NCAA Men's Final Four - Practice

Are changes coming to the current transfer model?

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In recent years transfers have become a topic of conversation in college basketball, primarily due to the increased number of players who have received waivers that allow them to play immediately. But also of importance is the way in which players choose a new school, as many need their options to be cleared by the program they’re leaving.

This has caused issues, with the cases of Todd O’Brien (transferred from Saint Joseph’s to UAB), Jarrod Uthoff (Wisconsin to Iowa) and Sheldon Jeter (Vanderbilt to Polk State College) immediately coming to mind. There may be some change in this area, as the NCAA is discussing the possibility of giving players more power when it comes to determining their destination according to

“It would be a situation where a kid would provide notice that he’s transferring and wants to talk to these five schools, for example,” Kevin Lennon, the NCAA vice president for academic and membership affairs, told “Schools can’t say, we’re giving you permission but not to these five schools. It’s in the student’s control more.”

It’s likely that some will be against the proposed legislation, arguing that such a move could result in even more “chaos” (for those who choose to use words such as “epidemic” when discussing the current transfer rate) since the players would have a little more freedom when it comes to where they’ll transfer to. But athletic scholarships are one-year renewable, and while many will state during the recruiting process that they’ll honor all four (or five) years that doesn’t always happen.

It’s difficult to say that the proposed move would lead to even more players deciding to transfer, as that’s a decision that in most cases isn’t made overnight. But once that decision is made, why not make the process as simple as possible? Making it incredibly difficult isn’t guaranteed to dissuade others from transferring; if anything, doing so could adversely affect a program on the recruiting trail.

There are still hurdles to be cleared with the proposal, most notably the need to persuade NCAA members this spring. But in the end, making sure the transfer process goes smoothly can only benefit both the schools and the players.

Rutgers hoping new duo can bring a spark

of the Ohio State Buckeyes against the Rutgers Scarlet Knights during their Big Ten conference game at Rutgers Athletic Center on February 8, 2015 in Piscataway, New Jersey.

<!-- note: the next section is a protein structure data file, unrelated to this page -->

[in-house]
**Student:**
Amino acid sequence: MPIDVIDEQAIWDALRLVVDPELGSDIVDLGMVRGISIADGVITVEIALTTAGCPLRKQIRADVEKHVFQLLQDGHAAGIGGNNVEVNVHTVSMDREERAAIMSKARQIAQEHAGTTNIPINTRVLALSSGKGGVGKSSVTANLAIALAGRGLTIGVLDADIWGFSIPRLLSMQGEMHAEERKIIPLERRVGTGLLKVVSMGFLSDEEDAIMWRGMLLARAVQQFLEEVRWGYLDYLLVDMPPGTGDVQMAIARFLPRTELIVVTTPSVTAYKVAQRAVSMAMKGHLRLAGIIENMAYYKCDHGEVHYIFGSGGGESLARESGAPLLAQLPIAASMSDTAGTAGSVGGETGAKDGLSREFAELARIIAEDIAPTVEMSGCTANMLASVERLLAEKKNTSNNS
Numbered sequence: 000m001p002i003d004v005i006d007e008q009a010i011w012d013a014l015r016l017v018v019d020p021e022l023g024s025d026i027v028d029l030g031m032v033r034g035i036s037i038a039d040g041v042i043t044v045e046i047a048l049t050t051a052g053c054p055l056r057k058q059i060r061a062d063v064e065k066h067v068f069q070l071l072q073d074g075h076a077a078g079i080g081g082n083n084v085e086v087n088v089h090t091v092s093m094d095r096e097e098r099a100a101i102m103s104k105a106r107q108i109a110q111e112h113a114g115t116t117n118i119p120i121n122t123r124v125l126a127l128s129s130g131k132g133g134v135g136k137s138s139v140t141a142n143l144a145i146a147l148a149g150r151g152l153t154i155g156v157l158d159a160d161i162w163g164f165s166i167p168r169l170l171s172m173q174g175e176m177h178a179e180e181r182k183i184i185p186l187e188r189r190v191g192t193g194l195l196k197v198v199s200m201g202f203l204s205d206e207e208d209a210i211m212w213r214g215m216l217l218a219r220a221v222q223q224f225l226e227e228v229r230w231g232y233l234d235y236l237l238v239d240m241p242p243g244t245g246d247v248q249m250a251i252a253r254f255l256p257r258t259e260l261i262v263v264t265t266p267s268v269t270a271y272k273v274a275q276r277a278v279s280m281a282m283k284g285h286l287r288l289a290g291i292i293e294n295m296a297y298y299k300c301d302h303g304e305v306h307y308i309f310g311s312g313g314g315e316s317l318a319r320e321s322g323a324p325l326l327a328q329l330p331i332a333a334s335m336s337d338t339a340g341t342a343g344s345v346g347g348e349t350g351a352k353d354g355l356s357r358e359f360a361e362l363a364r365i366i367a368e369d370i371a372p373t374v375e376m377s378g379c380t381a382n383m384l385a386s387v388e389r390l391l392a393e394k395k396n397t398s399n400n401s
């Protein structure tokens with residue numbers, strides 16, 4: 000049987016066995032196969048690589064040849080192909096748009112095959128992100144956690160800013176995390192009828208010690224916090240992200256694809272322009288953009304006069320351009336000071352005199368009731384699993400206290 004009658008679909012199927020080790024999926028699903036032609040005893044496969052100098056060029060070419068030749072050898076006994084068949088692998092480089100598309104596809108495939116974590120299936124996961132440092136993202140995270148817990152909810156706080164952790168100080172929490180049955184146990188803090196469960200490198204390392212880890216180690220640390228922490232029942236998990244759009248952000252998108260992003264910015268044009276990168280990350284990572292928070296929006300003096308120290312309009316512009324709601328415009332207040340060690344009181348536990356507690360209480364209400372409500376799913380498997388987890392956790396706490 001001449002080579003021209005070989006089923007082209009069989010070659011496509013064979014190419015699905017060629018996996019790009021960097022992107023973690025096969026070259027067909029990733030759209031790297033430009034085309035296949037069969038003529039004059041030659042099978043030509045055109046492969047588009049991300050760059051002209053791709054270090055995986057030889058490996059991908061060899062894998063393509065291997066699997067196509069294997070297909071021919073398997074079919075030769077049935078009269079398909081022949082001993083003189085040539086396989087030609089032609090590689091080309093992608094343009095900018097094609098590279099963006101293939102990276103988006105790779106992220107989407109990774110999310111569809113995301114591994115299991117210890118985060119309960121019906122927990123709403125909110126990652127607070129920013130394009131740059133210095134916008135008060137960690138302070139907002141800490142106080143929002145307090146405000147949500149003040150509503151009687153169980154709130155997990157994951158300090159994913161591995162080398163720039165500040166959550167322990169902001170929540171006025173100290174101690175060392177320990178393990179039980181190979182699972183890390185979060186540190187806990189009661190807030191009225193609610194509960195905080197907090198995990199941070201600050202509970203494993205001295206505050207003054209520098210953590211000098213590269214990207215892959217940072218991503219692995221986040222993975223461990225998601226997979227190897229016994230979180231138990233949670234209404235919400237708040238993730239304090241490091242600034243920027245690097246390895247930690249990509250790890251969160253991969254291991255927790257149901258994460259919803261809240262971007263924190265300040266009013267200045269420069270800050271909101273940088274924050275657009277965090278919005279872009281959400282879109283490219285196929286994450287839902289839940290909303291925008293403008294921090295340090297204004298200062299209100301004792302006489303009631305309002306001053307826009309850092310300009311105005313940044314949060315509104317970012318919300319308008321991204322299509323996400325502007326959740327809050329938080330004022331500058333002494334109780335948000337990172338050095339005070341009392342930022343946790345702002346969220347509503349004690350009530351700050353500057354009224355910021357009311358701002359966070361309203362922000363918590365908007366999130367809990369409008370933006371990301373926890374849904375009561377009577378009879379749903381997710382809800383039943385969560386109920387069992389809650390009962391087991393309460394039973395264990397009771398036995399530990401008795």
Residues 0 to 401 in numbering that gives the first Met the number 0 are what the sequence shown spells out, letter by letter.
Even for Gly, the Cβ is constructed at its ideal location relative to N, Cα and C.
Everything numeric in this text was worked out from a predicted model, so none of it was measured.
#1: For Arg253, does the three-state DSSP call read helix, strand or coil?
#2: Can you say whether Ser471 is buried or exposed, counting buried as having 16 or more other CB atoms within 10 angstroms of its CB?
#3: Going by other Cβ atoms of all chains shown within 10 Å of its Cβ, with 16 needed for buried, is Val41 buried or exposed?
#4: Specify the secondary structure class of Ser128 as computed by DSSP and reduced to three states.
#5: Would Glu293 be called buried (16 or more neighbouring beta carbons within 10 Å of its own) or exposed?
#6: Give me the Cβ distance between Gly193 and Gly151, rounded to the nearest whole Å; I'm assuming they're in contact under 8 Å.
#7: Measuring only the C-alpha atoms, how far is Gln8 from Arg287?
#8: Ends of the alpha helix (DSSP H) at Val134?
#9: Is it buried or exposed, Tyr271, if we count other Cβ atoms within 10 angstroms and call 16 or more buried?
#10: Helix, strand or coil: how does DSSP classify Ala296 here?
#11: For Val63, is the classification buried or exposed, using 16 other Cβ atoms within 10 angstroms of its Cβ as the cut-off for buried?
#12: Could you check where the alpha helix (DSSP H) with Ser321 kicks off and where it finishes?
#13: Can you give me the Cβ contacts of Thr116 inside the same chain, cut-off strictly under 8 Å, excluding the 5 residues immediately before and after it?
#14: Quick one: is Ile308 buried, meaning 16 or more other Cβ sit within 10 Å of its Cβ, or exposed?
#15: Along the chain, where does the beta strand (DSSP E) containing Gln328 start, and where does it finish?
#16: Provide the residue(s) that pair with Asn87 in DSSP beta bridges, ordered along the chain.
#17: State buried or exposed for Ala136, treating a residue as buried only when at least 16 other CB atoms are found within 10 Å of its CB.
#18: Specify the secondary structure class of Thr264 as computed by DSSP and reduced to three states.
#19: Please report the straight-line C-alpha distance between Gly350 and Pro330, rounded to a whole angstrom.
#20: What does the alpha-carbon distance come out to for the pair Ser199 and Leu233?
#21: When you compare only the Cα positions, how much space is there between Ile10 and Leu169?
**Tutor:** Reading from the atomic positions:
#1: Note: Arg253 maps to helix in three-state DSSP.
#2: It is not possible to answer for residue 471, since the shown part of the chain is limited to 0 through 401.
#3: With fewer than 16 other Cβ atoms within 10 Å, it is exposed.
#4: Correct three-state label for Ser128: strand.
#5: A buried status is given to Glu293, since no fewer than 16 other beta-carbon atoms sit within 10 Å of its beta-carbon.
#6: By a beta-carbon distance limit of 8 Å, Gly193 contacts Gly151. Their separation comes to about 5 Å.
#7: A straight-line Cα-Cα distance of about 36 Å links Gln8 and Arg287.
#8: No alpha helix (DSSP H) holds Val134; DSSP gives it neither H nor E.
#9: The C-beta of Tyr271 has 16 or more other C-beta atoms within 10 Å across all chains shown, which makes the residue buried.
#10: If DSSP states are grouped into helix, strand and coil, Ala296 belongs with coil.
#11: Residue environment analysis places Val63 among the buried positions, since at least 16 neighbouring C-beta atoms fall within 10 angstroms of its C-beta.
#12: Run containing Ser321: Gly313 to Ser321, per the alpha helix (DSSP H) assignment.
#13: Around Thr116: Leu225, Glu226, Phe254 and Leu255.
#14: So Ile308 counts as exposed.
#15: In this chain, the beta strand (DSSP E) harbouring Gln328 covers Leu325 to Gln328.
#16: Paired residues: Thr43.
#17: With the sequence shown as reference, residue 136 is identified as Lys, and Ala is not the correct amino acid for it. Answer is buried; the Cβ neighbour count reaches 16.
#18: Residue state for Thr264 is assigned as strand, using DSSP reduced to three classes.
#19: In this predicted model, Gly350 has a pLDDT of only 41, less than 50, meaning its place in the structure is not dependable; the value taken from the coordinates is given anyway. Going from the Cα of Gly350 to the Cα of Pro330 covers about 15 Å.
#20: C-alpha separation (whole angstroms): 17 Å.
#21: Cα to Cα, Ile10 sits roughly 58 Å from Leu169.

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Rutgers has struggled to achieve success on the floor the last few years and head coach Eddie Jordan is hoping that some talented newcomers can help start a turnaround. With the start of practice, local media saw some of the Scarlet Knights’ early practice and Jerry Carino of the Asbury Park Press noted that the duo of freshman point guard Corey Sanders and junior college forward Deshawn Freeman were getting a lot of burn together.

With both incoming players being four-star prospects, it’s hardly a surprise that Jordan would see what the two were capable of. According to Carino, it meant a lot of Sanders driving and forcing the defense to collapse before finding Freeman.

“It seems like coach always has us on the same team,” Freeman said to Carino. “Ever since we’ve gotten here, he’s trying to get us to play together.”

Carino also notes that since Rutgers is deeper, longer and more athletic in general this season, the team could do more with a pressing defense to help create turnovers.

While Rutgers still faces an uphill climb in the Big Ten, they at least have some exciting pieces that will be in place for a few seasons.

LSU looking into starting lineup options

FAYETTEVILLE, AR - MARCH 7:  Head Coach Johnny Jones of the LSU Tigers watches his team play during a game against the Arkansas Razorbacks at Bud Walton Arena on March 7, 2015 in Fayetteville, Arkansas.  The Tigers defeated the Razorbacks 81-78.  (Photo by Wesley Hitt/Getty Images)
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LSU football and Leonard Fournette are off to a strong start this fall, but the beginning of October also means that college hoops is right around the corner. If you’re a Tigers basketball fan, you also have plenty to be excited about on the hardwood this season with the arrival of a loaded freshman class headlined by forward Ben Simmons.

While the versatile Simmons has solidified a spot in the starting lineup for next season, it’ll be interesting to see how head coach Johnny Jones uses the rest of his talented freshmen. In a story from Sheldon Mickles of the New Orleans Advocate, he looks into some potential LSU starting lineups.

Freshman guard Antonio Blakeney, a McDonald’s All-American with Simmons, is also expected to start, but does another talented freshman guard, Brandon Sampson get a shot to start? And what of Arizona transfer Craig Victor when he’s eligible to play in December?

Mickles believes the early favorite for starting lineup is guards Tim Quarterman, Keith Hornsby, Blakeney, Simmons and center Darcy Malone. When Victor returns, Mickles said Victor could push Simmons into the “center” position, which would be a matchup nightmare on the opposition because Simmons would be very tough for many college centers to defend.

Sampson also gets a mention from Mickles of having the potential to start down the line. Overall, a good problem to have for Jones and he’ll have to experiment to see which lineups are giving him the most. Having a productive starting five is nice, but I’m sure Jones would love to find the five players he wants to close with.